Brixton may just know something the Bronx doesn't

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Race and class: does anyone talk about these subjects anymore? I ask because last week I went to a lunch in honour of a black American academic, Patricia Williams, who will deliver next year's Reith lectures. Her subject is to be race and class, here and in the States, and she asked us how these two vast concepts were faring in public debate in this country. Our pretty unanimous answer was that both had nearly vanished. Politicians rarely mention them. In John Major's mind we are all classless. In Tony Blair's speeches class is verboten. Race has not been much worried over since the riots of the 1980s. Perhaps this is all very good; perhaps these causes of so much inequality and social division are waning. Or perhaps the words have been disguised by other labels - law and order, inner-city education, drugs, asylum legislation - which allow us to talk about these subjects without mentioning them by name.

That, I think may be part of Patricia Williams' argument when she comes to give her Reith talks; in particular, that Britain may be heading down the same racial road as the US by imitating American ideas of sentencing and prisons. It's sometimes said that America has easier relations between races than Britain, but I left Ms Williams with the feeling that the opposite is true. We may have imported rap's brutal music and lyrics, but we don't have white shock-jocks poisoning the radio, and Brixton's reputation as a "ghetto" hadn't survived her New Yorker's eye. She'd been particularly struck, she said, by the numbers of black men and white wives/girlfriends and vice versa. These facts may be nothing to boast of, but could it be that Britain is in danger of getting something right, or more right than the US and much of Europe?

CLIFF RICHARD has never made me want to vomit. There seems no harm in him and his early songs are some of the few pop tunes that I can associate with times and places in my life ("Living Doll", Inverkeithing's annual fair, 1959). When, therefore, he stood up to serenade the crowd at Wimbledon, I didn't imitate the throwing-up sounds made by many others. I just wish he would come out of the closet. Not the closet of sex, but the closet erected by empire and Ms Williams' subjects, race and class.

Richard, born Harry Rodger Webb in Lucknow in 1940, is an Anglo-Indian. The term is a tricky one. Originally it described white British residents of India. Then, earlier in this century, Eurasians in India began to campaign for it as a description of themselves. They were successful and the Anglo- Indian community was formally recognised as comprising Indian citizens "born of European descent in the male line"; the race of the female ancestry is left unstated, but the implication is clear enough. In a country where caste mattered, ruled by a country where class mattered, Anglo-Indians suffered more than the simple prejudice against what Cliff Richard's biographer, Steve Turner, calls the "mystery of his skin pigmentation". They were mainly the descendants of British working-class men - private soldiers, locomotive drivers - who had married or bedded low-caste or Muslim Indian women. They became the Raj's trusted foremen and suffered the bigotry and snobbery of both rulers and ruled.

In those circumstances, hanging on to the coat-tails of empire, their denial of their maternal ancestry - Mother India - is understandable. The most celebrated denier, the actress Merle Oberon, invented a fantastical lie about her white origins in Tasmania which she sustained throughout her life. But now? All Cliff Richard has said about his grandparents is that they were "as British as roast beef". His loyal biographer records an improbable number of Spanish ladies and Burmese princesses in the family tree. The fact is his father was born in Tramway Quarters, Rangoon, and became a catering steward on up-country expresses from Calcutta. Richard's early life was spent in railway settlements and their enclosed, often carefree society of institute dances, church socials and amateur music. Nothing could be more Anglo-Indian.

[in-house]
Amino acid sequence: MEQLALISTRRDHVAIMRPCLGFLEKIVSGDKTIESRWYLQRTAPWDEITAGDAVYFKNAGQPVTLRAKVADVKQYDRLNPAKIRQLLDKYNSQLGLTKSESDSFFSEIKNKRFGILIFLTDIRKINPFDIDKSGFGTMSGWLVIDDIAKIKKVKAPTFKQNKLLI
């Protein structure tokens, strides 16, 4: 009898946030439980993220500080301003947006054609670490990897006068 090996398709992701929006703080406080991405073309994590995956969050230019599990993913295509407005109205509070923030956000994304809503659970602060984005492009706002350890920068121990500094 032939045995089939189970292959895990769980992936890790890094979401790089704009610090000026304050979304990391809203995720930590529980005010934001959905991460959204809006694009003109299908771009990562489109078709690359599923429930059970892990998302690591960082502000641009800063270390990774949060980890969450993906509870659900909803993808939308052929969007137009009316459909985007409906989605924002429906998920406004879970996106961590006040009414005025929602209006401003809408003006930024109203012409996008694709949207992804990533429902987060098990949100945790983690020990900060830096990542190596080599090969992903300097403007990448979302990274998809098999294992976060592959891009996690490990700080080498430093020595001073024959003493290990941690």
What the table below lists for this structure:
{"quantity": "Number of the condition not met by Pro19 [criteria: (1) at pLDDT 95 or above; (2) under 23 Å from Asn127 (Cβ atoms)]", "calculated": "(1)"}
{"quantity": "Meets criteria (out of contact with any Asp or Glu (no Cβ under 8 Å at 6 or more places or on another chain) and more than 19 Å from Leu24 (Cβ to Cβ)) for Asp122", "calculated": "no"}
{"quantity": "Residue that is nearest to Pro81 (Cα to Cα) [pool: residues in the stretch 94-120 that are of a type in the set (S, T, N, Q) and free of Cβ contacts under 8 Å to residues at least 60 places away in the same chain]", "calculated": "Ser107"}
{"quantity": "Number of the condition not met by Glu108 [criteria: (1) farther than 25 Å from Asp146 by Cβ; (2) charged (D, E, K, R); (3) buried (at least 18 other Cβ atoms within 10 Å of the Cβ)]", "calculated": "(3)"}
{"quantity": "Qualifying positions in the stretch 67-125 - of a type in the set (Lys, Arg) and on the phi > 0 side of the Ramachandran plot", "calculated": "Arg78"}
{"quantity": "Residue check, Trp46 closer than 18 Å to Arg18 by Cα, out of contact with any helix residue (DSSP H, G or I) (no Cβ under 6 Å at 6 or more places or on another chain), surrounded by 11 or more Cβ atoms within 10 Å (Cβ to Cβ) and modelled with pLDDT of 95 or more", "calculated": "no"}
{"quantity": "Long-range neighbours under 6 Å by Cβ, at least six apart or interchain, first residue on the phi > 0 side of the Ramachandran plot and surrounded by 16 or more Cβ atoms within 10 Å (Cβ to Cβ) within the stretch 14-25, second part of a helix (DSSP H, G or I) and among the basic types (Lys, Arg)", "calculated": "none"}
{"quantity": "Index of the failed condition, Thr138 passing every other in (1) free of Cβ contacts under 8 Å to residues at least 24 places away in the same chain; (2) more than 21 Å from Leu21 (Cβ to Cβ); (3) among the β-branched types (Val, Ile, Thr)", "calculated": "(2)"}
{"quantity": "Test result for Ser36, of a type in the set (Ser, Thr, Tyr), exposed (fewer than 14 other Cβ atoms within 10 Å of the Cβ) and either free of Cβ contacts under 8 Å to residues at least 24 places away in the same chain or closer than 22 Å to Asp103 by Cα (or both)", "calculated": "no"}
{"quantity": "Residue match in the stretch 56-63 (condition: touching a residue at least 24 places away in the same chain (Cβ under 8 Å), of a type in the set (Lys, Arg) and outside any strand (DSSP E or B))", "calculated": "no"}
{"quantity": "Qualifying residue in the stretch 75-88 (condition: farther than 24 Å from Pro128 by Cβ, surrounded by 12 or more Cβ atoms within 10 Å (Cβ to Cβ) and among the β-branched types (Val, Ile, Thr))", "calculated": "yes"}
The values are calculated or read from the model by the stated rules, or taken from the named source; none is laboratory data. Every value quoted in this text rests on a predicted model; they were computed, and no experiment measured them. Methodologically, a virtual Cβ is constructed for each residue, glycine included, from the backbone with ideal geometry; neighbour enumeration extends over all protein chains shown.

Why, apart from satisfying our own prurience, should we want him to be frank on his racial and social origins? Only for this reason: that the Anglo-Indian community in India is now small and rather sad, a residual couple of hundred thousand people in a country of more than 800 million. They often talk about Cliff: "Oh yaar, he's one of us." So much denial has meant they have few heroes. He owes it to them.

A CAMPAIGN has begun to save the BBC's World Service from Birtian reforms which would shrink its staff from 2,700 to 800 and may well destroy its reputation and integrity. Last week at a meeting in Westminster the novelist P D James told a meeting of MPs that it would be "absolutely scandalous" if the "extraordinary arrogance" of two men (John Birt and his chairman, Sir Christopher Bland) wrecked an institution which belonged "to the people of this country and the people of the world". It's a pity that Baroness James didn't tumble to the arrogance factor when she was still a BBC governor and in a position to do something about it, but better late than never. At the same meeting, another novelist, Ben Okri, gave his accurate prognosis: "To come along and try to break into this structure is to break its fundamental heart... and when you break that, you break its influence and you begin to retreat from a position of world influence and value. And when you retreat, that space gets taken over by your radio equivalent of CNN. And when that happens, the voice turns inward and the nation gets smaller."

The campaign has enlisted Mikhail Gorbachev and this week hopes to enrol the support of Nelson Mandela during his visit to London. It needs to succeed.

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